By David Joel Miller
Is your perfectionism out of control?
Perfectionism, that constant striving to do everything just right, has been connected with high accomplishment. Parents often believe the way to get the most out of their children is to push them for ever-increasing goals. Parents may feel their role is to point out their child’s failings to inspire them to do better.
People who aim for perfection set higher goals and may achieve grander things than those who have lower expectations. Does perfectionism really inspire more effort and accomplishment? Or does perfectionism have a dark side?
Perfectionism’s dark side.
Perfectionism has been linked to high worry, fear of failure, eating disorders, depression, obsessive-compulsive disorder and an increased risk of suicide. Perfectionists can suffer unmercifully and they can make those around them miserable also.
Perfectionism, Learned or Genetic?
In this conversation about perfectionism, I am talking about the learned variety. Anything which is learned can be unlearned. There are those whose perfectionist tendencies are a part of Obsessive Compulsive Disorder or Obsessive Compulsive Personality Disorder. Those disorders appear to have a physical or genetic basis in addition to any learned component. If you have OCD or OCPD medication and therapy may be helpful in managing your disorder so can other recovery methods.
Perfectionism has mixed results.
Why does this striving for perfection sometimes result in champions and other times in learned hopelessness and failure? The key lies in how the perfectionist was raised and in how they are raising themselves. What were the messages the perfectionist received in childhood from whatever source and how have they gone on to adopt those “need to be perfect” themes?
One way in which setting high standards goes wrong and results in unhealthy perfectionism is when caregivers set high standards but are at the same time disapproving of the child. If the parent’s approval of the child is contingent on success, the only way a child can get that parents love is to always be perfect and win at everything.
After receiving this message for a while the perfectionist internalizes the message “I am what I accomplish, if I don’t do everything perfectly I am no good.” Not only do they believe this message but they repeatedly retell themselves this story.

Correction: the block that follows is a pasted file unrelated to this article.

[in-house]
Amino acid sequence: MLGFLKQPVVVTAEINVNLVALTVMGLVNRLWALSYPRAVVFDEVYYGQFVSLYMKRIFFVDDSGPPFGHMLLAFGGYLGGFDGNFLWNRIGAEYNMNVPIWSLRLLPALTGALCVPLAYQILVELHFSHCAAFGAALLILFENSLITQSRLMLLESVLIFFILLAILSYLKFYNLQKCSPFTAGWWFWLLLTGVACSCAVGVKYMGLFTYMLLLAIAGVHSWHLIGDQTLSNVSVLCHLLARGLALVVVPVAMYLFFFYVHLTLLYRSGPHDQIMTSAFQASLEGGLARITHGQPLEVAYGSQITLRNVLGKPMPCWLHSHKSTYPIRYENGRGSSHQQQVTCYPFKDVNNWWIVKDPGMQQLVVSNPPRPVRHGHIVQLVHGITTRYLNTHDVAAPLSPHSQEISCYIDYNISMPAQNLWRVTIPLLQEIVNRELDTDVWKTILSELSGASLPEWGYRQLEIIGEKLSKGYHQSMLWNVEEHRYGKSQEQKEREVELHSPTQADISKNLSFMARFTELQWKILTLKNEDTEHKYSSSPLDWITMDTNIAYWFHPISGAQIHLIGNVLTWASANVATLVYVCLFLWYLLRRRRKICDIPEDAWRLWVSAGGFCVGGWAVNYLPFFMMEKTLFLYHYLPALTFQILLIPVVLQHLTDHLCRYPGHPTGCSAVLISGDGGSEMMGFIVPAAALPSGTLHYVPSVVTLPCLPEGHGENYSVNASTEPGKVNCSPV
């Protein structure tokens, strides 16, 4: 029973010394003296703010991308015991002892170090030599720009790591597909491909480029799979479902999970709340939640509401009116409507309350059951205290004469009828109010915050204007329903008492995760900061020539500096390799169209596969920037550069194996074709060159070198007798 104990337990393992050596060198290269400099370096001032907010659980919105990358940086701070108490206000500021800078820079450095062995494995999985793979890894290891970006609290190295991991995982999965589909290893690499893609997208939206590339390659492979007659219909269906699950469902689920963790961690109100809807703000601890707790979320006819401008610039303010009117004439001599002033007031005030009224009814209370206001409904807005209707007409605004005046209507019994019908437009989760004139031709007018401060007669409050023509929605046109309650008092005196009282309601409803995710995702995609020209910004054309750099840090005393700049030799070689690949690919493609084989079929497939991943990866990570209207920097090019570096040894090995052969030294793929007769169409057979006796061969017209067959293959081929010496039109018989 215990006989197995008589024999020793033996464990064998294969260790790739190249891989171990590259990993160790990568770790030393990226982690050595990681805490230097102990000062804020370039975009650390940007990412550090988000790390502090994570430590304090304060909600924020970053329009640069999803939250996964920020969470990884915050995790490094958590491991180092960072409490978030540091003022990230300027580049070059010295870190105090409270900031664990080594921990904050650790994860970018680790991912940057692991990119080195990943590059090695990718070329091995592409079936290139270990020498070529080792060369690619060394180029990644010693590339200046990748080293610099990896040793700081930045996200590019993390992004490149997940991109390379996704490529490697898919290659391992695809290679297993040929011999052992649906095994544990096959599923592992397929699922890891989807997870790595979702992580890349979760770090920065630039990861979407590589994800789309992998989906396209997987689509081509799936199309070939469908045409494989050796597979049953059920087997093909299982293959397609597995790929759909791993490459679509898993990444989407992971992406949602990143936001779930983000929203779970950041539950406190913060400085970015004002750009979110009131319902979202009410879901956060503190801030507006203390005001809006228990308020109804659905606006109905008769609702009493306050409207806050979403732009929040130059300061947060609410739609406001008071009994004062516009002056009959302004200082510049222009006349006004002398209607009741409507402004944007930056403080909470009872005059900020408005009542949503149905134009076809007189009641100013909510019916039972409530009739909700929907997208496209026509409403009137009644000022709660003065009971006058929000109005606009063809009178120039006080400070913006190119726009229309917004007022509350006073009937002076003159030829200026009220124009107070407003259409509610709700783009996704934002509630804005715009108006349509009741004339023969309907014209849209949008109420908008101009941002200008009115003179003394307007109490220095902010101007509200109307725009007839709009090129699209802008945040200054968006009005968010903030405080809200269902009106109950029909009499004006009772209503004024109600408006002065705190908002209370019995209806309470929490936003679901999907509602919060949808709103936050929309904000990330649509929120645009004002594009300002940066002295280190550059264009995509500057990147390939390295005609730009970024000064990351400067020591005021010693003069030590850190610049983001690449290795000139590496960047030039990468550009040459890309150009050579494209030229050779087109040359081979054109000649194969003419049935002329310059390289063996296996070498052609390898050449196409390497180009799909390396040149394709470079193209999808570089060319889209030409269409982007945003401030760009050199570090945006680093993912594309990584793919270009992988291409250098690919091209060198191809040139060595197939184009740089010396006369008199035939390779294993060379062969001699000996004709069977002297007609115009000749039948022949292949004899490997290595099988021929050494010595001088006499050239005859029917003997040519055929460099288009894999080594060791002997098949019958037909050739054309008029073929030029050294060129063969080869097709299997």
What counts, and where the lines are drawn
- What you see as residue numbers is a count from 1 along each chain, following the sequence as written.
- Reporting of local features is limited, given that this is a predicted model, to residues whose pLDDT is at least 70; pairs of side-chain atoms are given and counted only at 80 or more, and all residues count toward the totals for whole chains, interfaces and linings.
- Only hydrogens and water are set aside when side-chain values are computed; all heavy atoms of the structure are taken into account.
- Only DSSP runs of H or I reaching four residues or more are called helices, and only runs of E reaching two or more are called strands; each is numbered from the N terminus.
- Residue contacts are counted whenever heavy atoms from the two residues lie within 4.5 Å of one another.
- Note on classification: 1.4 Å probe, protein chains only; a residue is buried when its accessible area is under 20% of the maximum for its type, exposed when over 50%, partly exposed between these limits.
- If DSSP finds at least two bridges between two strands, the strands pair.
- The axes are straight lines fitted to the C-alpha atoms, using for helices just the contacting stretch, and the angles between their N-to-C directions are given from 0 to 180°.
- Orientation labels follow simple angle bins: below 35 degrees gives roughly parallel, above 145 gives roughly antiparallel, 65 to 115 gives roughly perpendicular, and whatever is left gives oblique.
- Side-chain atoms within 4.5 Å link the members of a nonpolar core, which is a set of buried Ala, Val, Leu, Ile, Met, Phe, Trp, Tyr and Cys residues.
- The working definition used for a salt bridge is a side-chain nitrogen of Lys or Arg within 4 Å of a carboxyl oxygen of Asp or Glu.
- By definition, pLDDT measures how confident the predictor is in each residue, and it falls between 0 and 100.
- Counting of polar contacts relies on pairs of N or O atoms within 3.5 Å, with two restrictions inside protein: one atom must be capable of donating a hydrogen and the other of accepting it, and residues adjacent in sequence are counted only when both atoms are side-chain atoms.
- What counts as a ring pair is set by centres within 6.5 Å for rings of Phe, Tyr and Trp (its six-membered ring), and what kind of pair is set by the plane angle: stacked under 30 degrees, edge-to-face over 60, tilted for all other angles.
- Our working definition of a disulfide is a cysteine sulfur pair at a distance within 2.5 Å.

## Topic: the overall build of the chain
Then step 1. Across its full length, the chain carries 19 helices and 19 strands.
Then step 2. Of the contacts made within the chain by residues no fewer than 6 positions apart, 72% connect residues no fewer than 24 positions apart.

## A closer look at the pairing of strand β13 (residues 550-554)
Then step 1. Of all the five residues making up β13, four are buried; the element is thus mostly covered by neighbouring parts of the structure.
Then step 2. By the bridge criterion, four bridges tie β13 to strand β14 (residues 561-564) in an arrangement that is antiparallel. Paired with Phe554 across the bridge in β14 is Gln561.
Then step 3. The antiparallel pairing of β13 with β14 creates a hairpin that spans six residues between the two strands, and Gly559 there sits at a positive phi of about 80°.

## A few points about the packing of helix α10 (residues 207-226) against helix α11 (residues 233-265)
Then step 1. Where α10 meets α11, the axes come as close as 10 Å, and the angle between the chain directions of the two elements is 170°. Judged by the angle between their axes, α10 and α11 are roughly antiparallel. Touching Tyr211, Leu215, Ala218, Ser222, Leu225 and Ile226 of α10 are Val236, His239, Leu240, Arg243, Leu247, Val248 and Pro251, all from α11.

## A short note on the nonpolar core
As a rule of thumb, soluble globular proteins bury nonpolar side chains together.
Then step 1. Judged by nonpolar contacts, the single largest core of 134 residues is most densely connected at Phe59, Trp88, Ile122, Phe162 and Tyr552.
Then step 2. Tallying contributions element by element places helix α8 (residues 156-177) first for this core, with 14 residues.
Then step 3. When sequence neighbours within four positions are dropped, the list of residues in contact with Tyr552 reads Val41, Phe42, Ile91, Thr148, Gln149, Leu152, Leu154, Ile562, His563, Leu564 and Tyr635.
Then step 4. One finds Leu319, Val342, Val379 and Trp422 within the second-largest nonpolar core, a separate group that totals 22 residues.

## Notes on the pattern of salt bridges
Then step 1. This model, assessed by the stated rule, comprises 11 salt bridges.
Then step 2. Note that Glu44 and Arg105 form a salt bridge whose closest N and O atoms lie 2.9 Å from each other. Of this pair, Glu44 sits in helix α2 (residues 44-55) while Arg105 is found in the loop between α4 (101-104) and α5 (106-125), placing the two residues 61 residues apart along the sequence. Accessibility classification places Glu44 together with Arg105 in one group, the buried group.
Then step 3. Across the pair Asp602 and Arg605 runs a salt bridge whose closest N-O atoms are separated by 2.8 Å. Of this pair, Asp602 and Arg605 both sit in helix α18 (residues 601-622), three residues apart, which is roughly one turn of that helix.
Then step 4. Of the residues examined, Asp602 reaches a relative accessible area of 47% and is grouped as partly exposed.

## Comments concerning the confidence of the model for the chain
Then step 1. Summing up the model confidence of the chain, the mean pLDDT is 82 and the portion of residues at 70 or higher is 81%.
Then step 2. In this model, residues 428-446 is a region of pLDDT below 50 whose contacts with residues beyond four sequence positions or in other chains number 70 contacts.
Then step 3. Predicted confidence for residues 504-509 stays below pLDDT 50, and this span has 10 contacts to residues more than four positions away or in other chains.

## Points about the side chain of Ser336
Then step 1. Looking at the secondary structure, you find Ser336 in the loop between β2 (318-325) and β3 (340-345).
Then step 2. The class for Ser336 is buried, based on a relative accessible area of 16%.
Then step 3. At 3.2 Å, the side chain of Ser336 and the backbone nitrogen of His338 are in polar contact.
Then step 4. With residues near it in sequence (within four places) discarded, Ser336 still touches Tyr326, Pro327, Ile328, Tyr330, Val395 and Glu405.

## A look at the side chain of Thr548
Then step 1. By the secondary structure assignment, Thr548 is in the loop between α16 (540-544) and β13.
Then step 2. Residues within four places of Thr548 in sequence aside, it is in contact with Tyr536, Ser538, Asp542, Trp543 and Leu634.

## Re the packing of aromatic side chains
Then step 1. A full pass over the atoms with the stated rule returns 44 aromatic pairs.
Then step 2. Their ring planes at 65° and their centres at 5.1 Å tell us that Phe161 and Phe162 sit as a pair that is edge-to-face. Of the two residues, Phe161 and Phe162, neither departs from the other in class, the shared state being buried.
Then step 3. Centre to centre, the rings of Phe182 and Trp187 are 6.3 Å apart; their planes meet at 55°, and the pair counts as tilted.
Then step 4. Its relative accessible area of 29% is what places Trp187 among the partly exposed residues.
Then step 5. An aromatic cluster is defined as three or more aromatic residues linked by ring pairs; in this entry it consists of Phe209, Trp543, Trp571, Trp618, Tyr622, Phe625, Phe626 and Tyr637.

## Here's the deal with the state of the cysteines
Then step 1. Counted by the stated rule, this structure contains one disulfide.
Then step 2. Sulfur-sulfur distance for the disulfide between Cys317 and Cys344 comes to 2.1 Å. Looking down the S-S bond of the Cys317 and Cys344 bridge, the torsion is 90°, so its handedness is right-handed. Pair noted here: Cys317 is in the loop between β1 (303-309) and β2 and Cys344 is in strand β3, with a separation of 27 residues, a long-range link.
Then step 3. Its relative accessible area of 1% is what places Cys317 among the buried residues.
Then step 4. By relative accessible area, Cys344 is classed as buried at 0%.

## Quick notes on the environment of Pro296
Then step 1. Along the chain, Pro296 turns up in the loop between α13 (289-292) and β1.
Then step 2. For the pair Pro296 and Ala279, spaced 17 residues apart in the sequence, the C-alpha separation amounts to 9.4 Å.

No matter how hard this child tries it is never enough, a little league championship should have been a World Series win and gold medal should have been the most Gold Medals ever. The target keeps changing and the child internalizes this belief that they will never be good enough and that their self-worth is dependent on never making a mistake.
Homes that produce unhealthy perfectionists are high in control, the parent is in charge of most everything, but they are low in warmth and affection. To win is to be loved. To lose is to face rejection. Perfectionists go on to love or reject themselves based on their successes and failures.
Parental acceptance in children and presumably self-acceptance in adulthood appear to be the best antidotes to perfectionism, self-doubt and excessive worry about mistakes.
If you didn’t get acceptance in childhood or didn’t get as much as you feel you need, begin today to accept yourself. Whatever you do is good enough. This is tough medicine for the perfectionist to swallow. Something about that constant struggle to be perfect reduces anxiety and seems protective at the time until the perfectionist fails at something.
If how you feel about yourself or how others feel about you is dependent not on effort but upon results you are in for a rough ride. Smooth out the road ahead by cutting yourself some slack.
Self-esteem for perfectionists fluctuates widely. When they achieve their goals they feel good about themselves and when the fall short they are overly negative and pessimistic. You should not base your self-esteem on what you win or lose. You are not a better person for being a perfectionist and may, in fact, be a pain to be around.
Parents who over control children and do not allow their child to develop a sense of self-control do not prevent the child from making mistakes. These parents prevent their child from learning how to make choices.
If that happened to you, stop making the same mistake with yourself and start accepting that most things in life do not need to be perfect. The time used to make one thing perfect is time taken away from other things you should do, like being present with your children and not passing the perfectionist disorder on to them.
If you are plagued by perfectionism and it has made you or those around you miserable are you ready to seek help for your perfectionism?
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For more about David Joel Miller and my work in the areas of mental health, substance abuse and Co-occurring disorders see the about the author page. For information about my other writing work beyond this blog check out my Google+ page or the Facebook author’s page, up under David Joel Miller. Posts to the “books, trainings, and classes” category will tell you about those activities. If you are in the Fresno California area, information about my private practice is at counselorfresno.com. A list of books I have read and can recommend is over at Recommended Books